I bring up Barry Goldwater because he was probably the most well-known conservative of his day. William F. Buckley was also a prominent American conservative contemporary with Goldwater. Like Edmund Burke before him, Buckley would articulate a systematic treatment of conservative thought. As a practicing Roman Catholic of a very traditionalist stripe, he provided a bridge between strictly political conservatives and their religious brethren.

Despite figures like Goldwater and Buckley, however, American conservatism's rise in the sixties was perhaps a bit premature. Goldwater went down to a huge defeat against Johnson, and it wasn't until the election of Ronald Reagan as President in 1980 that American conservatism would really be at the top of the food chain. Some of the excesses that came after Reagan's election probably resulted from a huge sense of hubris as the result of his becoming President.

Classical or historical conservatism, as described by Burke, was essentially free of ideology, at least in the sense of having some sort of blueprint for constructing a more perfect society. Over time, however, with Ronald Reagan's election, hubris and a rising sense of destiny produced the Neo-cons, many of whom would later direct major aspects of George W. Bush's administration, some to disastrous effect.

The ideology that motivated the Neo-cons seems to me to be a sense of America's destiny in the world, a notion that we are to lead the rest of the world toward a utopian future. As they seemed to think, given that we have the most perfect political system, as well as the world's greatest economy, it was only right that we should shoulder that well-deserved burden. We would lead with diplomacy if possible, and with force and "regime change" if necessary. No one could stand in our way, because we were pre-destined to succeed. To put it another way, modern conservatives, at least those who would be proud to wear the label "neo-con," had a definite sense of American triumphalism.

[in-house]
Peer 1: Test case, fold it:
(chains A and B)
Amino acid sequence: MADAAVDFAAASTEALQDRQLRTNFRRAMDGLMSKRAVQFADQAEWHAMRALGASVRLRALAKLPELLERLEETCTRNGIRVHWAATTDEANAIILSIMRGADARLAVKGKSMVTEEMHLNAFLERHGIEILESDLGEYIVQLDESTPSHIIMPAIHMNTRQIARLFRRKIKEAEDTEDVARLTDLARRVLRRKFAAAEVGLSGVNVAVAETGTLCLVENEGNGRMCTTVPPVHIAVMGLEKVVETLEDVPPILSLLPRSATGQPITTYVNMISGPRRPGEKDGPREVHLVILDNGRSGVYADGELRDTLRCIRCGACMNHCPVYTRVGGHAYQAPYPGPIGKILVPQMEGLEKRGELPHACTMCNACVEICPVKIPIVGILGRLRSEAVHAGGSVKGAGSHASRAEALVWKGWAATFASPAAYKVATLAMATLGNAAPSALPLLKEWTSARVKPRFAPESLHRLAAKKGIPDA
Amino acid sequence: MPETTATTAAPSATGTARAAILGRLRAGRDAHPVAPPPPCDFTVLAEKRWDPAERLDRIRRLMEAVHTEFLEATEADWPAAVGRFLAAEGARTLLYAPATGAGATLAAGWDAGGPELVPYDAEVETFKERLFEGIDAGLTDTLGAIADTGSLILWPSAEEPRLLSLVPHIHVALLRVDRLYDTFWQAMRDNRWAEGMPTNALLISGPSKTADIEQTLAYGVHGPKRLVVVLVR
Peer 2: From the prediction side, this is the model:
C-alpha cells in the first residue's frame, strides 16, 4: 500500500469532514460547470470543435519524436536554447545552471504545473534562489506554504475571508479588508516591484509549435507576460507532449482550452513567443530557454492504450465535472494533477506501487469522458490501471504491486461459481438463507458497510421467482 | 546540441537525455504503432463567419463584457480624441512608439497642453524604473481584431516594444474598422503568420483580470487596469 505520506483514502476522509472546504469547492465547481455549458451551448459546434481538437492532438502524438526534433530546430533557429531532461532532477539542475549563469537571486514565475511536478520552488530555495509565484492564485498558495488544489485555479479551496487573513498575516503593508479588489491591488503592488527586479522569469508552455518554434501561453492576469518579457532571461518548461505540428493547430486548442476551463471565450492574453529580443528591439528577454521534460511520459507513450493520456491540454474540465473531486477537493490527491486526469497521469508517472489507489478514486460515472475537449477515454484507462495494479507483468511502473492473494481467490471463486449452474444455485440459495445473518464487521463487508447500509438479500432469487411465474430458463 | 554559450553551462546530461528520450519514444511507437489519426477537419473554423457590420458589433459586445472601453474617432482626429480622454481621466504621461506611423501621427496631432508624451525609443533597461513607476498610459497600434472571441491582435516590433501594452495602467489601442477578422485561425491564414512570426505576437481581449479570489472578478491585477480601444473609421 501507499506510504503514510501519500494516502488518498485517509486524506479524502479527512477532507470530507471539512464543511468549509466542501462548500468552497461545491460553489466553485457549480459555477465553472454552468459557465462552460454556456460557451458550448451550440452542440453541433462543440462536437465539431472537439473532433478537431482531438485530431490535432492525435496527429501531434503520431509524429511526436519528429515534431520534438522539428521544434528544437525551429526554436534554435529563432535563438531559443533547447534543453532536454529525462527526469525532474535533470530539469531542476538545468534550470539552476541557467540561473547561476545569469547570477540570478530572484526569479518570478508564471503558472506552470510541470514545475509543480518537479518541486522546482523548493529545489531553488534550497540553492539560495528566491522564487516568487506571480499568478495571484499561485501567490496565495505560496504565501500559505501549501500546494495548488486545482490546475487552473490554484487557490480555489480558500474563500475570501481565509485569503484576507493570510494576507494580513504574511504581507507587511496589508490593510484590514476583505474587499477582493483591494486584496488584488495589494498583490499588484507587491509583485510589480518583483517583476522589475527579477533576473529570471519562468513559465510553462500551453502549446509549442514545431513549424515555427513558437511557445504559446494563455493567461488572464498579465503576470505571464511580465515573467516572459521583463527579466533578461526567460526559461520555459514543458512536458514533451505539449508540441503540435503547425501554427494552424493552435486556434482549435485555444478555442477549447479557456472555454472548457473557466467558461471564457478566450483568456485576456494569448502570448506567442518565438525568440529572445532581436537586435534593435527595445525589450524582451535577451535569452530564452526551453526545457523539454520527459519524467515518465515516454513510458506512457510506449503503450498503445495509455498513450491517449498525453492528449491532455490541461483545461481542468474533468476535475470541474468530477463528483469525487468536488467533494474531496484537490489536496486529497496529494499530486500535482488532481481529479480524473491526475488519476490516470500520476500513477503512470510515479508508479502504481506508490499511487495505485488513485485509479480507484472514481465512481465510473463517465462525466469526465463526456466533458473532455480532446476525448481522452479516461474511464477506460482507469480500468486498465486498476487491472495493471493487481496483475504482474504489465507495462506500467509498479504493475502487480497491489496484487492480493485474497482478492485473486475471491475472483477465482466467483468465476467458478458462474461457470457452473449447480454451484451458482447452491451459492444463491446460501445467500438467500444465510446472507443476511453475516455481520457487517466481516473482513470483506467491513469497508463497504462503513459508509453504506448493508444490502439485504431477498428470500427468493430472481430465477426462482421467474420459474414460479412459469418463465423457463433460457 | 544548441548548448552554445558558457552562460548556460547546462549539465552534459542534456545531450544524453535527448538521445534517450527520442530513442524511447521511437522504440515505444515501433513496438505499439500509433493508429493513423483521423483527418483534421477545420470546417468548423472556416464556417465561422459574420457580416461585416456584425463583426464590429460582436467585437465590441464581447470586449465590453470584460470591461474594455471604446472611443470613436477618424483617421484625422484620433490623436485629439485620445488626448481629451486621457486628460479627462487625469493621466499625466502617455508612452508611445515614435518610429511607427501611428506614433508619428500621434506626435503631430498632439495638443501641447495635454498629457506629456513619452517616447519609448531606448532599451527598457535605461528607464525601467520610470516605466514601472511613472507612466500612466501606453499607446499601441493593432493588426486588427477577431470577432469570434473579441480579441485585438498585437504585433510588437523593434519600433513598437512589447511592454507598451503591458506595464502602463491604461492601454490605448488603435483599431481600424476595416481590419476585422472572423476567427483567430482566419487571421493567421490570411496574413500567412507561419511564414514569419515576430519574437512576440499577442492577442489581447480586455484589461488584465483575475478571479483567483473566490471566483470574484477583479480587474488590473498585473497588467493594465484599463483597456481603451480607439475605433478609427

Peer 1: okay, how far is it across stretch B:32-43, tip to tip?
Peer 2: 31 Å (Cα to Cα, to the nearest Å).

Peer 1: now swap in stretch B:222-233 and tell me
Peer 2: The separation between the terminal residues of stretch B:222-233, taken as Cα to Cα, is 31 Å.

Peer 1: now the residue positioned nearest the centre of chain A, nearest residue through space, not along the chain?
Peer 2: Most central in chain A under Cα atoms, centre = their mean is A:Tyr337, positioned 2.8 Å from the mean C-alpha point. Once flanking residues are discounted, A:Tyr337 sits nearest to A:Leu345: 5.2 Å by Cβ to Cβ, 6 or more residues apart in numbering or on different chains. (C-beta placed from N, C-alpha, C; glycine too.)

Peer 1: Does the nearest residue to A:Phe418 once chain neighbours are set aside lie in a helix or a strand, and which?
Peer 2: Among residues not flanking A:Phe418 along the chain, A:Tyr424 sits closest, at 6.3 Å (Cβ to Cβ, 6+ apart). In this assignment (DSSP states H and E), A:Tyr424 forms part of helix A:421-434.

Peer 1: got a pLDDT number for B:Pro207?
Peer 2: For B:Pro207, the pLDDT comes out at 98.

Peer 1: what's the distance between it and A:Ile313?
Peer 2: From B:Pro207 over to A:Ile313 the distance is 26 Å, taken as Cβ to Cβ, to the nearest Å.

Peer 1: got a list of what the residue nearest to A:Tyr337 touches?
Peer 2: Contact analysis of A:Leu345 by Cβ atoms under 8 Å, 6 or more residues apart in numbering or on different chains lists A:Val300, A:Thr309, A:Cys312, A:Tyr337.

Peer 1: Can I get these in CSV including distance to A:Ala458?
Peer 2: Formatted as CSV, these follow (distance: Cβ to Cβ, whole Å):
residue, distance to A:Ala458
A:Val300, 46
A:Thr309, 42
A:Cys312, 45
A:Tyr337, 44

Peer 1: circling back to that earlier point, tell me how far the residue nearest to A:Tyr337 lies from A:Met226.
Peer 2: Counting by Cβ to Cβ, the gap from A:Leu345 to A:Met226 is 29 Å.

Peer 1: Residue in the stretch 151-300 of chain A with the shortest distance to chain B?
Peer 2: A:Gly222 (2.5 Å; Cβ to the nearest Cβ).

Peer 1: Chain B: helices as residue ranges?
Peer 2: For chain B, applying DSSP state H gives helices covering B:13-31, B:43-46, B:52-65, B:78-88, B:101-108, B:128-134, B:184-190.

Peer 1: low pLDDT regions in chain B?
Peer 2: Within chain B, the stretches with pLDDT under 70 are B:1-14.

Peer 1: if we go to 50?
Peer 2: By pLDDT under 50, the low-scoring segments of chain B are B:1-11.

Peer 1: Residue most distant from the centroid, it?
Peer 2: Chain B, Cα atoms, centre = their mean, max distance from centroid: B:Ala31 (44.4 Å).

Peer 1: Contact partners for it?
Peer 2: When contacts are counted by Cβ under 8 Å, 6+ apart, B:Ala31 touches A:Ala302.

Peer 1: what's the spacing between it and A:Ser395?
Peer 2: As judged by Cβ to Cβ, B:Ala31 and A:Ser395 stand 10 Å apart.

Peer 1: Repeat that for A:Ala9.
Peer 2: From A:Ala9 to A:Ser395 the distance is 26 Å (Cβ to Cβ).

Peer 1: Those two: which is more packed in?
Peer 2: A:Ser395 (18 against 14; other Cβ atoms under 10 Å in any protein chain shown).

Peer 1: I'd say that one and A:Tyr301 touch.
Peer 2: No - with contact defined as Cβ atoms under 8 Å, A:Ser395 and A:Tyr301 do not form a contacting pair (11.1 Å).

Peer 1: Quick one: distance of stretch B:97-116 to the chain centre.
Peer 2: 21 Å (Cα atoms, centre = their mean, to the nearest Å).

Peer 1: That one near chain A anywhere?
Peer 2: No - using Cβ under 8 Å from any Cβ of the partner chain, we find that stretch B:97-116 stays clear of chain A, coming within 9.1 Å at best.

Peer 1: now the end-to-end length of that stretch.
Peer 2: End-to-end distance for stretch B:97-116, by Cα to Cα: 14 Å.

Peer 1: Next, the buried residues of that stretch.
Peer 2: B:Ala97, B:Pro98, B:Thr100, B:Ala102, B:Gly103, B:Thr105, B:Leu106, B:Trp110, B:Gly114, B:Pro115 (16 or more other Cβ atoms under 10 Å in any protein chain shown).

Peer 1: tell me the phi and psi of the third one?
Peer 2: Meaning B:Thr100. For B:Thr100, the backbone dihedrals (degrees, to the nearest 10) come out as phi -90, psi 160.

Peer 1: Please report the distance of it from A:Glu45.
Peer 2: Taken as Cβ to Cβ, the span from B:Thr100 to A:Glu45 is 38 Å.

Modern conservatism also seemed more and more to be about not only maintaining the status quo in terms of their political power, but actually reducing and ultimately eliminating any groups that differed from them, or who might threaten their power base. Tom Delay, for instance, was instrumental in attempting to put in place a "permanent Republican majority." There was no place in the minds of these folks for a two-party system. Karl Rove showed how it was done by successfully guiding the campaigns of George W. Bush in 200 and 2004 for the Presidency.

Modern American conservatism also seems to be even more about materialism than earlier variants. American society in the twentieth century was more and more about bigger, faster, longer, larger, in short, things that were more "super" than what went before. American conservatism fell right into this mode of thought. The rich got richer, and the less rich, well, they stayed less rich, for the most part. The gap between the highest wealth Americans, and those on the bottom, only got larger and larger during this time.

As I mentioned in the last post, the tension between those in power and those on the outside who want some of that power is a reality that's been true for hundreds, even thousands, of years. In the 2008 national elections, that tension was once again in evidence, as the conservatives at the top were toppled by those who had gotten fed up with their arrogance, their lack of caring for things that mattered to those out of power, and in many cases, their incompetence to do the things that those in power are supposed to do. As the Republicans look over their defeat in so many elections, they're trying to make sense of what happened. There's a real debate within the party over what needs to be done--should they moderate their message? Was it too extreme and narrowly focused? Do they need to be more vocal about hardcore conservative values? Can they be the loyal opposition, or is it necessary to have a "my way or the highway" mindset? Is it better to be willing to persuade and work toward a consensus with the Democrats, or is it time to work harder to polarize the country even more? Demogogery seems to rule the day--conservative talk radio hosts get the base going, and no liberal target is safe.